The Public Interest Advisory Group (PIAG) of the Lake Ontario-St. Lawrence River Study held two meetings in Cornwall on May 15th, 2003. The meetings drew together stakeholders as far away as Khanawake and Kingston, with representatives from many localities in between. Some of the interests present were the St. Lawrence River Restoration Council, the Kingston Power and Sail Squadron, the Beaconsfield Yacht Club, Ontario Power Generation, the Township of South Stormont, the International Water Levels Coalition, the Mohawk Nation at Khanawake, and marina and coastal property owners.

The participants provided the Study with valuable input. Many concerns were expressed, including:

  • Evaporation rates off Lake Ontario;
  • Lower levels and fish spawning in tributary mouths;
  • Shoreline erosion;
  • Boating docks/lower water levels in the fall;
  • The Study's decision-making process; and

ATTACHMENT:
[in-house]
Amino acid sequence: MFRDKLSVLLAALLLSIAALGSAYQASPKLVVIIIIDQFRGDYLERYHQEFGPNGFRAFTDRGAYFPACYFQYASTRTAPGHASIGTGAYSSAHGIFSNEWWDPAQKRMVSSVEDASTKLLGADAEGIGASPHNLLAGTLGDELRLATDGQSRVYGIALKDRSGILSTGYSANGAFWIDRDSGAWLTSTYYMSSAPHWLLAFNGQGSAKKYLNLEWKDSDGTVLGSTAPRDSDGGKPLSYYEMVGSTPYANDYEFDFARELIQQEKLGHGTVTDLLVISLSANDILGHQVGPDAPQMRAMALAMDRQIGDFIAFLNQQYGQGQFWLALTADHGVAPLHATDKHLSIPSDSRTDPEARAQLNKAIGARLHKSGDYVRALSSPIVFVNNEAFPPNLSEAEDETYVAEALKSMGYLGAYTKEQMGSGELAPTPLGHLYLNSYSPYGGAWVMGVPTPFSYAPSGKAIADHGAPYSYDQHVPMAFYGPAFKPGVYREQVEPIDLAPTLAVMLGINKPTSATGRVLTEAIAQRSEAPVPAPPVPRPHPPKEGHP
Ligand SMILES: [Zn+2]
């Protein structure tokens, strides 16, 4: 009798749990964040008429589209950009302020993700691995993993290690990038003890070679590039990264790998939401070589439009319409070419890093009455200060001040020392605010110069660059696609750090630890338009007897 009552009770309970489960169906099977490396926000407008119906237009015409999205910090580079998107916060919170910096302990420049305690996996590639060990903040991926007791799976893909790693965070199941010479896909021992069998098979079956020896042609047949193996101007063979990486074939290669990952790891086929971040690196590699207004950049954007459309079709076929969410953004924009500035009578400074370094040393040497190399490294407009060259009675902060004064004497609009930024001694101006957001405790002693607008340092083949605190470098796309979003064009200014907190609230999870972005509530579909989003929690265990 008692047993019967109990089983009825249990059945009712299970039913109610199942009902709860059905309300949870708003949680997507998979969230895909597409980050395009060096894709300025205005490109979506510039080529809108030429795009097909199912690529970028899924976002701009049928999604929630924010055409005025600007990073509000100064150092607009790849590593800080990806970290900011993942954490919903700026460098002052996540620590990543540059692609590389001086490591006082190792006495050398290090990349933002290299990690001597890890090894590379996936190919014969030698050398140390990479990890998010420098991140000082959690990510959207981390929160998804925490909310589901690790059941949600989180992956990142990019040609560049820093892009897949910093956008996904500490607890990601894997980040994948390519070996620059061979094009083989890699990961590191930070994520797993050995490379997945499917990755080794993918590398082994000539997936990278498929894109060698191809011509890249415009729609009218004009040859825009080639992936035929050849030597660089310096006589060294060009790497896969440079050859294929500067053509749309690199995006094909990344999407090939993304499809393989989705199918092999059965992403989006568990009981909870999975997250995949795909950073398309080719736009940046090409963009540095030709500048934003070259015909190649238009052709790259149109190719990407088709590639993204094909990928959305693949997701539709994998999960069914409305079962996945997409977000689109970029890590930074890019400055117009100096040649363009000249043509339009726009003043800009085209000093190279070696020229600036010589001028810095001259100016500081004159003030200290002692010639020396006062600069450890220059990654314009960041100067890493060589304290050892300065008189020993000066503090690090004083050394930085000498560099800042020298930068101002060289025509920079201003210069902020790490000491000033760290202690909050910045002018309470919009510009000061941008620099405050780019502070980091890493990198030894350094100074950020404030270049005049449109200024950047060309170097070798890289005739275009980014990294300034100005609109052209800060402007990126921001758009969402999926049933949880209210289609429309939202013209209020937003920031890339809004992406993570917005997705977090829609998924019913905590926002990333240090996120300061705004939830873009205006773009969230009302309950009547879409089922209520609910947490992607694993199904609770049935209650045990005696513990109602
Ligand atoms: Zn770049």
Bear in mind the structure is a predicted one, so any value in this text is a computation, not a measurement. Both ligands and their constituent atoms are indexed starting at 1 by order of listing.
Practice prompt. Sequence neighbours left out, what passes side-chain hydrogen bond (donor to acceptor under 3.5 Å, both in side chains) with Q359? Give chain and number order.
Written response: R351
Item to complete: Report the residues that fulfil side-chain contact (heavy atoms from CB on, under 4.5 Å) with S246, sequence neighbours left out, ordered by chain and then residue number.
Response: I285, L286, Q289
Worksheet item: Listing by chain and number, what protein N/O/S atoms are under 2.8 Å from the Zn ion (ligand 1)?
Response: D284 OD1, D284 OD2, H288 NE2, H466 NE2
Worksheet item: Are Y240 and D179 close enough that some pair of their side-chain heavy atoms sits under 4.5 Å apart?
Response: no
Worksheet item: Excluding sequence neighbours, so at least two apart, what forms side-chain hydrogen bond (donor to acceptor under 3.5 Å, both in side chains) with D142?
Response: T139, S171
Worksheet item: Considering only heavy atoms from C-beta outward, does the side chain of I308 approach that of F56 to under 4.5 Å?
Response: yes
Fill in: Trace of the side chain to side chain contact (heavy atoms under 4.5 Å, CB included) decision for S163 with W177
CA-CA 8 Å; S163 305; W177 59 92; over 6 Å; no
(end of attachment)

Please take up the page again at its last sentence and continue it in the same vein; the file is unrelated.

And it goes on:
• Low water levels in Khanawake.

André Carpentier, member of the Study Board and the Plan Formulation and Evaluation Group, responds to questions from stakeholders
Photo by Michelle Tracy

Representatives from the different Technical Working Groups, from the Study Board, and from the International Joint Commission responded to these questions and concerns. The meeting transcripts have been provided to the Study Team for their consideration and incorporation.

If you were unable to attend the public meeting and would like a copy of the meeting transcript, please contact Michelle Tracy at, by telephone (613) 992-5727, or by fax (613) 995-9644.

Lynn Cleary Canadian Study Board member responds to coments about alien invasive species in the St. Lawrence River
Photo by Michelle Tracy
Brad Parker, Canadian Environmental TWG Lead responds to concerns about fish spawning and low water levels

Photo by Tony Eberhardt


Coastal Processes Technical Work Group Hard at Work
By Ralph Moulton, Coastal Processes Technical Work Group Co-Lead

Coastal Processes Technical Work Group Study Sites

The Coastal Processes Technical Work Group (TWG) is studying two large geographic areas: Lake Ontario and the St. Lawrence River upstream of the Moses-Saunders Power Dam (Lake and upper River), and St. Lawrence River from Moses-Saunders Power Dam to Trois-Rivières (lower River).